National Physical Education Standards (NASPE). (2004). Moving into the Future: National Standards for Physical Education, 2nd Edition. Retrieved from http://www.aahperd.org/naspe/standards/nationalStandards/PEstandards.cfm
Olson, R. Strengthening Local School Wellness Policies [PowerPoint Document]. Massachusetts Department of Education. (2012).
Texas Woman's University. (2012). Six Dimensions of Wellness. Retrieved from http://www.twu.edu/wellness-connections/six-dimensions.asp
The 187th General Court of the Commonwealth of Massachusetts. (2010). School Nutrition.
Retrieved from www.malegislature.gov/Laws/SessionLaws/Acts/2010/Chapter197
The 187th General Court of the Commonwealth of Massachusetts. (2012). An Act Making Appropriations for the Fiscal Year 2012. (2012)
Adapted from: Canton, Mansfield, Haverhill Public Schools’ Wellness Policies Adopted: December 18, 2012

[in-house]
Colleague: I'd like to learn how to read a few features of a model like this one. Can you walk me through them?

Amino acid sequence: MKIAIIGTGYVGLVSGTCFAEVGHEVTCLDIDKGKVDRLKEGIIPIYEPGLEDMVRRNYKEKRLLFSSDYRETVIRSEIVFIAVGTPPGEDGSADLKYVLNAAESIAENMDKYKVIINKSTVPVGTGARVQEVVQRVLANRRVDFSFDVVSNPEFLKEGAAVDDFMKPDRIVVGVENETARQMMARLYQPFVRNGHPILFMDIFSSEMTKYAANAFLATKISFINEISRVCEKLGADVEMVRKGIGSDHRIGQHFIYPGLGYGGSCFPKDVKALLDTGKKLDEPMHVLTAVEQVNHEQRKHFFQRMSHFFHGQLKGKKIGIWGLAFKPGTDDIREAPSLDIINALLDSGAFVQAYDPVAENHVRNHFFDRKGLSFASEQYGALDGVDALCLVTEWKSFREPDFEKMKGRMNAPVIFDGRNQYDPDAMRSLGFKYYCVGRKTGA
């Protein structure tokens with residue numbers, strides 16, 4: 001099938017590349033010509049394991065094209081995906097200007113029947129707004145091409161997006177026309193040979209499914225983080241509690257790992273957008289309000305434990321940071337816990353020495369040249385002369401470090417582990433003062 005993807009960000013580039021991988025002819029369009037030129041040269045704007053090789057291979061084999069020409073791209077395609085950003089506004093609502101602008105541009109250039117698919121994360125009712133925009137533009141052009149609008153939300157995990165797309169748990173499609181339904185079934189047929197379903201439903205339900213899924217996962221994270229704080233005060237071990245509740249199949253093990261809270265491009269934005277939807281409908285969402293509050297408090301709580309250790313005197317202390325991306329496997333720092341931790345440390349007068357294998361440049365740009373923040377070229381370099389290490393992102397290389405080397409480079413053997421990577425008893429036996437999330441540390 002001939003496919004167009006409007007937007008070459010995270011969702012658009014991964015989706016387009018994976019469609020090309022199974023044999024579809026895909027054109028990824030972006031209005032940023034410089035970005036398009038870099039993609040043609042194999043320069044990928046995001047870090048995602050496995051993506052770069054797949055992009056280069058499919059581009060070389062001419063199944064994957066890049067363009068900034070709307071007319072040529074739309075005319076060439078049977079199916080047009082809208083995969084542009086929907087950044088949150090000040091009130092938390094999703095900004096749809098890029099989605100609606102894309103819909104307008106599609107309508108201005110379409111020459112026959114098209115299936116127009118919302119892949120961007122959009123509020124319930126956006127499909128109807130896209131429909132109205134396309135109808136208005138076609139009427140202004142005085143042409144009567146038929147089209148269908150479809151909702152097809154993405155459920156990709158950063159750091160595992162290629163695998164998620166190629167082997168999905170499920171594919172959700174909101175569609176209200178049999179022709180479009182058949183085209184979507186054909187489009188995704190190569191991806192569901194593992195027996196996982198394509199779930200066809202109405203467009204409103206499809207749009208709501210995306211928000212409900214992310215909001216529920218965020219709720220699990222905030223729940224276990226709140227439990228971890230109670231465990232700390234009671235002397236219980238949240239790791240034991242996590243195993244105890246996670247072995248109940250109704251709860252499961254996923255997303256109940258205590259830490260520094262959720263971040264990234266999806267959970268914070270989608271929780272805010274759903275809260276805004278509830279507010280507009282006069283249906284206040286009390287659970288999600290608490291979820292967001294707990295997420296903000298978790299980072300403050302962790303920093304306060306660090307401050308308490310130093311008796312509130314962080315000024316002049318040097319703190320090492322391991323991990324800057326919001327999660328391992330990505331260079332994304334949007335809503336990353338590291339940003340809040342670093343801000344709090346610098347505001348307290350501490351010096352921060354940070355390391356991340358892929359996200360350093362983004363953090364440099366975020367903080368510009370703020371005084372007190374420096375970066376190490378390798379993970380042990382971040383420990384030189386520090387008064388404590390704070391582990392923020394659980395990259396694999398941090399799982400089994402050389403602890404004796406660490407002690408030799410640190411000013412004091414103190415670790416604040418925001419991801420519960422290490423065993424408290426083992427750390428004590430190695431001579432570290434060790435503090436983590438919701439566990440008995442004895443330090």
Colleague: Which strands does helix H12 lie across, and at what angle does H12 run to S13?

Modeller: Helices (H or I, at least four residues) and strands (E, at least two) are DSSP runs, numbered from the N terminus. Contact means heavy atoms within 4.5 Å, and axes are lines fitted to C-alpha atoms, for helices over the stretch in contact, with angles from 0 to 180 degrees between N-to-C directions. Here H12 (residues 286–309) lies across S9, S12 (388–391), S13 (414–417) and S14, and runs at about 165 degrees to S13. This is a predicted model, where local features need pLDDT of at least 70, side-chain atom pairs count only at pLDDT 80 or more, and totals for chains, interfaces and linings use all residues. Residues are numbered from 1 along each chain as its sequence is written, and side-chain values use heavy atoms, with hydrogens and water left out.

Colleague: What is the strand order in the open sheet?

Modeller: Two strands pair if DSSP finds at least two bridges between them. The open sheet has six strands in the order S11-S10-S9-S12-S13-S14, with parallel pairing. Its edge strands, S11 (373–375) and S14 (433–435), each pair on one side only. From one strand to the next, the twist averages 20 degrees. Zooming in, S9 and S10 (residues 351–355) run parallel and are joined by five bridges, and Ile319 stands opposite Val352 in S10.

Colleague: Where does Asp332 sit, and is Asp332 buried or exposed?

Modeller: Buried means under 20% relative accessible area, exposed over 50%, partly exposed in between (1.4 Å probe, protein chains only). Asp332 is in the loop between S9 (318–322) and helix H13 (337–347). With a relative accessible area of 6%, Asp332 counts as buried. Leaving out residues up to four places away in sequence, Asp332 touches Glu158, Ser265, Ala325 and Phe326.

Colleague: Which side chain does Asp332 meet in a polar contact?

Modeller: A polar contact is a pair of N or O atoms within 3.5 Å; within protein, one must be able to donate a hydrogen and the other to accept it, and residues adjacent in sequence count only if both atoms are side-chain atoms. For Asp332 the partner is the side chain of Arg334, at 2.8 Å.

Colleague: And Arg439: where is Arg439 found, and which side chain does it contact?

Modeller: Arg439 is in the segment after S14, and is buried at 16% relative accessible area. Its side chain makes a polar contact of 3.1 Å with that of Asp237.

Regulations of the Secretary of Agriculture
The Child Nutrition and WIC Reauthorization Act of 2004, Section 204, P.L. 108-265
The Richard B. Russell National School Lunch Act, 42
U.S.C. §§ 1751 - 1769h
The Child Nutrition Act of 1966, 42 U.S.C. §§ 1771 – 1789
Massachusetts a la Carte Food & Beverage Standards to Promote a Healthier School Environment
Hopkinton Public Schools
Pre-Approval Form / Foods in Classroom
In reference to the S.M.A.R.T Goal #4 per the Hopkinton Schools Wellness Plan pre-approval of food items is required for classroom instruction. This is in response to safety issues related to food allergies, food intolerances, and digestive illness that could cause mild to life threatening conditions in students. Please seek approval from the following individuals prior to administering food in your instruction.
Date of Instruction:
Type of Food:
Purpose of food in Lesson/Unit Instruction:
Principal Signature Date
Nurse Signature Date
Hopkinton Wellness Plan
School Committee Policies
- A - Foundations and Basic Commitments
- B - School Board Governance and Operations
- C - General School Administration
- D - Fiscal Management
- E - Support Services
- F - Facilities Development
- G - Personnel
- H - Negotiations
- I - Instructional Program
- J - Students
- K - School-Community Relations
- L - Education Agency Relations